Nelson Freire has long been seen as a connoisseur’s pianist, but a series of superb recordings have raised his profile to the extent that he is now thought of as one of today’s universally recognised great musicians. Whether playing the great warhorses of the repertoire or the gentlest miniatures, he brings to his performances a level of quiet thoughtfulness that puts him in a class of his own.
Born in Boa Esperança, Brazil, he began piano lessons at the age of three with Nise Obino and Lucia Branco, who had worked with a pupil of Liszt. He made his first public appearance at the age of five playing Mozart’s Sonata K. 331. In 1957, after winning a grant at the Rio de Janeiro International Piano Competition with Beethoven’s Emperor concerto, he went to Vienna to study with Bruno Seidlhofer, teacher of Friedrich Gulda. Seven years later he won the Dinu Lipatti Medal in London and first prize at the International Vianna da Motta Competition in Lisbon.
Since his international career began in 1959, Freire has appeared at virtually every important musical centre, in recital and working with countless distinguished conductors and orchestras. A great musical collaborator, he has toured extensively with Martha Argerich, with whom he shares a long-time musical collaboration and friendship. They have recorded several discs together, including a live recital from the Salzburg Festival.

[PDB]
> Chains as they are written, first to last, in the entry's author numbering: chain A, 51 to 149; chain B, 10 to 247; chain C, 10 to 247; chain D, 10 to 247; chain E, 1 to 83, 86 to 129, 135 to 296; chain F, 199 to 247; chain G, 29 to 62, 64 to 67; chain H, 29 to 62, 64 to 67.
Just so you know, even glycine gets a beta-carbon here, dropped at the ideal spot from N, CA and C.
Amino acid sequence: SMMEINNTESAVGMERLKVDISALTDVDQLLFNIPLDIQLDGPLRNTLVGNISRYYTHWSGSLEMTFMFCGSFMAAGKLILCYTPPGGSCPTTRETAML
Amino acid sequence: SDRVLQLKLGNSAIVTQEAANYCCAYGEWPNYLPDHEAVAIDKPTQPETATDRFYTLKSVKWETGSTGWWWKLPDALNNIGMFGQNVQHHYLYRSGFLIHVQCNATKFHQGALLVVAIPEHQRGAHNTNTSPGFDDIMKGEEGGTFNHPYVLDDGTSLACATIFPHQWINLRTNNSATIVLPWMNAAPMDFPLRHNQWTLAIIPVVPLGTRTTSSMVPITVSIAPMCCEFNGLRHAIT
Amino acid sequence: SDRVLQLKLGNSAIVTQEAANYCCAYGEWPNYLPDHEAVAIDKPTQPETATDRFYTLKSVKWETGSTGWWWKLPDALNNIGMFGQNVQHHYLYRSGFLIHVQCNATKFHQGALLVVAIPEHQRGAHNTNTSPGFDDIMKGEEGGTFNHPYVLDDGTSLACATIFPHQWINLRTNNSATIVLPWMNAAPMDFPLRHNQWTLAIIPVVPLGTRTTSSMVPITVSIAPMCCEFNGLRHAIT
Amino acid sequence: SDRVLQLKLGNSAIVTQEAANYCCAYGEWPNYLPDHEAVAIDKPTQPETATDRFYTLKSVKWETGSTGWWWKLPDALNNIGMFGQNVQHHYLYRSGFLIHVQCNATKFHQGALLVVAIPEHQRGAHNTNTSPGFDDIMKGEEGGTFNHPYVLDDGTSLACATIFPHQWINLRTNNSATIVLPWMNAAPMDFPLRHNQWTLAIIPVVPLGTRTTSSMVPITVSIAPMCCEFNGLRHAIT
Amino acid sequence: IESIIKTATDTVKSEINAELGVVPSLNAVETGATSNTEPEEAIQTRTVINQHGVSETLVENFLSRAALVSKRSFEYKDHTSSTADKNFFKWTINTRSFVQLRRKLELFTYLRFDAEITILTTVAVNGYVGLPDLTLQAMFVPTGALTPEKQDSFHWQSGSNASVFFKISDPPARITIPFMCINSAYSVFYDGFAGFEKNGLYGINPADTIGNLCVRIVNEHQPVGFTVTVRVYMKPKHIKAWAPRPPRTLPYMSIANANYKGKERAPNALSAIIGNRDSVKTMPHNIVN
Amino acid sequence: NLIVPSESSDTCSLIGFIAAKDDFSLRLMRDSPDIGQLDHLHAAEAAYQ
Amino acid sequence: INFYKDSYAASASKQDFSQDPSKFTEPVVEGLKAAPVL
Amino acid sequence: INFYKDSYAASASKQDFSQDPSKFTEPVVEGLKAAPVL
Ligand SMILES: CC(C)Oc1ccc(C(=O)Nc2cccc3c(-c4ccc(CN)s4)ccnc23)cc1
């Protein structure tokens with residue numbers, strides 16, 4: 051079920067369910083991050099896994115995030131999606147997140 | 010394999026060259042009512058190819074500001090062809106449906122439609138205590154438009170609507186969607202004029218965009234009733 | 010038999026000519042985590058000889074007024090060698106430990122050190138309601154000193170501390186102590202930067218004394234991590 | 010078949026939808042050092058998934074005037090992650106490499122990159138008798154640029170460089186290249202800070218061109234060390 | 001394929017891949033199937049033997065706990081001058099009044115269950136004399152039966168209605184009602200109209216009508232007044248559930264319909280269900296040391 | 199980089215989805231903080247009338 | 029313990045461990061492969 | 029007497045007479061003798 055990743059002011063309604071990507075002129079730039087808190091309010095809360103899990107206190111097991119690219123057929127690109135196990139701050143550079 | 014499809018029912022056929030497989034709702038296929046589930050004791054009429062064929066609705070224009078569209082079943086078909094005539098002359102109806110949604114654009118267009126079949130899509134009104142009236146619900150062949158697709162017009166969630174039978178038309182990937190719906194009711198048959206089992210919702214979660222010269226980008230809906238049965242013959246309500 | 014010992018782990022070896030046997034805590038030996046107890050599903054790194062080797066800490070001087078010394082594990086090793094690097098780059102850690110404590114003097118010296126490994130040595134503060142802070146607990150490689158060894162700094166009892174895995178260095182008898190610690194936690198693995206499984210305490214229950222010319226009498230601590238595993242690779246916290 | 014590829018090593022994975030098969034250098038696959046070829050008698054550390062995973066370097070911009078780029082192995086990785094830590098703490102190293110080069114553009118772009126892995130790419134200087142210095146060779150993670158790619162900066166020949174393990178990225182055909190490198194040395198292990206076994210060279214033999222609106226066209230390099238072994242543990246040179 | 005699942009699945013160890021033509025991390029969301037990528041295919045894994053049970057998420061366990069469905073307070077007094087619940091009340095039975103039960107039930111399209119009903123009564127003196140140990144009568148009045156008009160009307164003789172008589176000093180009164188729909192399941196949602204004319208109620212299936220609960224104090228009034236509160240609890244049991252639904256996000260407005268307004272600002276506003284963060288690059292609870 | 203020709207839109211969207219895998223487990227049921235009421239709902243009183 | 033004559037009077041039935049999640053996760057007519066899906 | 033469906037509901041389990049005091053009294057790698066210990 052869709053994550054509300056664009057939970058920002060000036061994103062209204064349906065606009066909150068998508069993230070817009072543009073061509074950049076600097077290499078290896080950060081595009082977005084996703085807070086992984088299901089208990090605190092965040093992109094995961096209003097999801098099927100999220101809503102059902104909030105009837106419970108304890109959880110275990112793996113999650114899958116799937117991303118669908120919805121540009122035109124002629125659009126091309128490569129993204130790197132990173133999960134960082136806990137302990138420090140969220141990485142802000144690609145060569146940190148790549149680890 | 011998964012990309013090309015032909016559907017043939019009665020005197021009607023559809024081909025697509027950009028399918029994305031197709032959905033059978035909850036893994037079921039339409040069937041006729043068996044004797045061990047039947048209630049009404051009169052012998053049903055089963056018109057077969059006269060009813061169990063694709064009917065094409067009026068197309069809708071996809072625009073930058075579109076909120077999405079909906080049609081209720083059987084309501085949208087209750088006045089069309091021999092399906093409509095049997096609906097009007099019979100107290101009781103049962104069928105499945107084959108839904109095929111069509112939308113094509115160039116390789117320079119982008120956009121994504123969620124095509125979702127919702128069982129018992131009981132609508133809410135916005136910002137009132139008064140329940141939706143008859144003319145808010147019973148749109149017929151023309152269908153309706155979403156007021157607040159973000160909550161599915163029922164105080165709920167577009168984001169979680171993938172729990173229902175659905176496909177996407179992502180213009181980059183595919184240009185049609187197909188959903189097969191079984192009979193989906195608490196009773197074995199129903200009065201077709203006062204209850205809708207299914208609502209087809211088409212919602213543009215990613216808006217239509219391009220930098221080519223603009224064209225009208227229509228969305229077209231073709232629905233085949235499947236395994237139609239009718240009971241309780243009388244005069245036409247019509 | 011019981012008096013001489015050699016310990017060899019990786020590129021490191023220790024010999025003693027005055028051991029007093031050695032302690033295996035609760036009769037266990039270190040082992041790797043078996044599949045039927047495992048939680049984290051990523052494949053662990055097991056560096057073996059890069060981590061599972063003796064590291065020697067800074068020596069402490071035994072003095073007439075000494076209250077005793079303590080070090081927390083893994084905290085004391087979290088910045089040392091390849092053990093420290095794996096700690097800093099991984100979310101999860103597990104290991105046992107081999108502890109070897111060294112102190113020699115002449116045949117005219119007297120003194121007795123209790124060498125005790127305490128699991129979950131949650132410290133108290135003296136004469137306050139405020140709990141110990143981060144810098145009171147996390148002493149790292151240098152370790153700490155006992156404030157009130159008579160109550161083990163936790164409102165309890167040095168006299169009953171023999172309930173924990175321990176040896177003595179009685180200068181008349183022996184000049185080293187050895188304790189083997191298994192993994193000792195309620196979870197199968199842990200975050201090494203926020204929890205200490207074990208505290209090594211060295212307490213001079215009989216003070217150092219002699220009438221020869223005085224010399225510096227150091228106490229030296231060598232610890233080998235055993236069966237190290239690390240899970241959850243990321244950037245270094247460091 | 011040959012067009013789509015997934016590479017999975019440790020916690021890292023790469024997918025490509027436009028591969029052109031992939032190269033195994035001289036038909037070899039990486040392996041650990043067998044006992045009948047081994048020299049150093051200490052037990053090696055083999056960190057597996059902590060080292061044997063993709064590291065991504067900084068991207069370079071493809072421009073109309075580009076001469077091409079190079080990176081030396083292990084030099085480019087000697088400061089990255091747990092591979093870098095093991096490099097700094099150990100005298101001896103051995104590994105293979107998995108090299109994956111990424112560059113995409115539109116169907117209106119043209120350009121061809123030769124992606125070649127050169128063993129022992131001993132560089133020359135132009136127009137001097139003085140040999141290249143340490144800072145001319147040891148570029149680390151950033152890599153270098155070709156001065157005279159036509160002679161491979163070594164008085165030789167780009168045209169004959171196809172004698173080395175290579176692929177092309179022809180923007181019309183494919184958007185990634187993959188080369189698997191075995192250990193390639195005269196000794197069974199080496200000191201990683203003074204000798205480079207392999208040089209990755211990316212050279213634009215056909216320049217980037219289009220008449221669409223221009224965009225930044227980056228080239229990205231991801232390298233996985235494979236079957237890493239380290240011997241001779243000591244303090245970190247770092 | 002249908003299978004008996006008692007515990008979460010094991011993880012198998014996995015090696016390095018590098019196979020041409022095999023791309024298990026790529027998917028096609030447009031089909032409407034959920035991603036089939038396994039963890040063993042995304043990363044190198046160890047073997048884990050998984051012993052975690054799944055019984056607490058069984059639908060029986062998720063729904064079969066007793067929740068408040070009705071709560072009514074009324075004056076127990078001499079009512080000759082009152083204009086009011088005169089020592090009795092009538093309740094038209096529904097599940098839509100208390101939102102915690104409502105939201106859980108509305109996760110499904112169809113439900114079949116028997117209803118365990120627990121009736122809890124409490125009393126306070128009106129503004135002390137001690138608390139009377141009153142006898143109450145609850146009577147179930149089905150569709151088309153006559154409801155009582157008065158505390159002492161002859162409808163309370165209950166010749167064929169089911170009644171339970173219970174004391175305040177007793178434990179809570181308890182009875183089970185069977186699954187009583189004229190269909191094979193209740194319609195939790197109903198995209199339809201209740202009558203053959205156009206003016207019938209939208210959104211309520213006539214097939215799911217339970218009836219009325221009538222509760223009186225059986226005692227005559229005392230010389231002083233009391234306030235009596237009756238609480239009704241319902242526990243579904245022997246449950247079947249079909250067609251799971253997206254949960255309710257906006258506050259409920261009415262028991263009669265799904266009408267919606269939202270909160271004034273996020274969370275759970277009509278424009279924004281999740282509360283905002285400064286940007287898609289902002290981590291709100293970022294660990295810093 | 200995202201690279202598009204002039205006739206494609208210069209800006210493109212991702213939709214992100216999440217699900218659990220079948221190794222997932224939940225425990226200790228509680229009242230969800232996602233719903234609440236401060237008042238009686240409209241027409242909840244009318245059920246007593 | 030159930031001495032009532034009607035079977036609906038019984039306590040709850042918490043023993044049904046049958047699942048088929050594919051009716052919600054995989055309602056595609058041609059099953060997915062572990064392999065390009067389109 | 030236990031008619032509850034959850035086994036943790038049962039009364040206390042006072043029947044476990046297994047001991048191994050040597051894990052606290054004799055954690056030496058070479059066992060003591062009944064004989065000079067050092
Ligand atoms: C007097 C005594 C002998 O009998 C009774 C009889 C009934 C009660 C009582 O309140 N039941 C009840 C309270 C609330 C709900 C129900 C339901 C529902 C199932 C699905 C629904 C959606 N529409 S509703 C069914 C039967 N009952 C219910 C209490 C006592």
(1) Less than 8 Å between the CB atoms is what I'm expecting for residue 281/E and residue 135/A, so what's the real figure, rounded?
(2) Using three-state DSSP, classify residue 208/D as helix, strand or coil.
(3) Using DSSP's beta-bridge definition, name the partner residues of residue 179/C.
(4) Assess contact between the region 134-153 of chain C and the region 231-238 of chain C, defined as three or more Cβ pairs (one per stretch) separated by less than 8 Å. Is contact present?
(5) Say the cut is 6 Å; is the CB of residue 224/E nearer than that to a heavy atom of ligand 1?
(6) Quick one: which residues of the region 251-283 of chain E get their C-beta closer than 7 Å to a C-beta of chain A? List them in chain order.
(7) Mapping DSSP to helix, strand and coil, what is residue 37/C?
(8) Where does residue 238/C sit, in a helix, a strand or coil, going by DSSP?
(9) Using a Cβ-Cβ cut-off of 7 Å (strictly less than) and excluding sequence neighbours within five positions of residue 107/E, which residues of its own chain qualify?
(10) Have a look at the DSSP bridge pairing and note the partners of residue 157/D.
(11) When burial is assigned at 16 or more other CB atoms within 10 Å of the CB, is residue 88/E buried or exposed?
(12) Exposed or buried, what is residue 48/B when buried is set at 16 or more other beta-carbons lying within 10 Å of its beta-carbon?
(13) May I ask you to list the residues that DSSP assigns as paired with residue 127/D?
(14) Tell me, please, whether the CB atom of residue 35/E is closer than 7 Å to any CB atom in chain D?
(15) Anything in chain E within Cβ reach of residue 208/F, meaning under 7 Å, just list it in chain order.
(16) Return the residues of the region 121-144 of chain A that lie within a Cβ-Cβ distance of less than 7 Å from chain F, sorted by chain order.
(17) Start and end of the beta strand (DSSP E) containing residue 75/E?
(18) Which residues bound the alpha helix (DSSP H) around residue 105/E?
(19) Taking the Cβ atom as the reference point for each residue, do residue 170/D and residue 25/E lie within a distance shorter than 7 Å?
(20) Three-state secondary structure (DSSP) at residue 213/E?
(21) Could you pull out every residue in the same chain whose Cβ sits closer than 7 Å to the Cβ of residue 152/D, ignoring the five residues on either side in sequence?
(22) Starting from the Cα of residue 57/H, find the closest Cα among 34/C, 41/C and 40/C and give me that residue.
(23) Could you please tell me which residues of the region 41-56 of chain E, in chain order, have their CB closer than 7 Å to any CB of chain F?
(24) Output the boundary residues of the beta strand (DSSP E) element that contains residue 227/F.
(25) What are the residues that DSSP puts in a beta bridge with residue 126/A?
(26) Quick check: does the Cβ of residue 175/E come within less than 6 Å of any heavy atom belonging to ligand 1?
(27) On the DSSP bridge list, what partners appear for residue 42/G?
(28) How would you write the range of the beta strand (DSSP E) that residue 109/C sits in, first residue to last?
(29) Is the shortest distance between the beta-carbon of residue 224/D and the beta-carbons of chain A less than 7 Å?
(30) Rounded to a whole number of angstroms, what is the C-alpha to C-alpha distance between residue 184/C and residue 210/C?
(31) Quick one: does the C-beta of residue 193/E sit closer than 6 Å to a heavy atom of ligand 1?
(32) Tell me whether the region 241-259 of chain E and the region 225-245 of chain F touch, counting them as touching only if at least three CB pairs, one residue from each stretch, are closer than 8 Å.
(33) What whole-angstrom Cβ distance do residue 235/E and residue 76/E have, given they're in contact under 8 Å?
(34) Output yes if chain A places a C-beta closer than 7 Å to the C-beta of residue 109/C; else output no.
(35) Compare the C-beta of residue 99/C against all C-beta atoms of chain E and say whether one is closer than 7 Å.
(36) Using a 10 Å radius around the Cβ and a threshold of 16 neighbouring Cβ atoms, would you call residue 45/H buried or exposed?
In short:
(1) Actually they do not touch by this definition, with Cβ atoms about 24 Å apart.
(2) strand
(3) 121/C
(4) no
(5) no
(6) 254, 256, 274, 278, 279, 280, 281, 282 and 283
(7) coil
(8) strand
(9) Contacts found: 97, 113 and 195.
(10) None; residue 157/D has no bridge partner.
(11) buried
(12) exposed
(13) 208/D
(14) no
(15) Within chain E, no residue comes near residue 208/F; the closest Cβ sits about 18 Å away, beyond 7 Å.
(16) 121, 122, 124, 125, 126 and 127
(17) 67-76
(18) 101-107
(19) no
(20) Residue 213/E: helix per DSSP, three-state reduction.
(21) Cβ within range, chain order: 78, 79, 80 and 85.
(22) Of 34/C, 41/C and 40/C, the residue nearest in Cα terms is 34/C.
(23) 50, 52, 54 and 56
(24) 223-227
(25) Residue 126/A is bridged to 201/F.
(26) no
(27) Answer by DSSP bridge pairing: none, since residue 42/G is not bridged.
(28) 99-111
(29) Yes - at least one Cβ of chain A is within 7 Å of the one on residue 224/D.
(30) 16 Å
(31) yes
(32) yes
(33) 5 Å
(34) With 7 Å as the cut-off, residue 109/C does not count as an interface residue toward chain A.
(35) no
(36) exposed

“This, Nelson Freire's first disc devoted to Bach, is predictably personal. It speaks of a long acquaintance with the works on offer and you only need to sample the Fourth Partita's Sarabande to hear how lovingly he caresses the music, giving it a raptness that rivals Perahia” (Gramophone)
. . . a superb overview of Bach's works played on the piano, from towering original works such as the Fourth Partita or the Chromatic Fantasy and Fugue, through to a selection of transcriptions. In lyrical mood, as in his version of Myra Hess's arrangement of "Jesu, Joy of Man's Desiring", Freire's Bach is soft, flowing and atmospheric; elsewhere, especially in the Chromatic Fantasy, his fingerwork is dazzlingly fast, accurate and pin-sharp in its attack. (Paul Drive, Classic FM)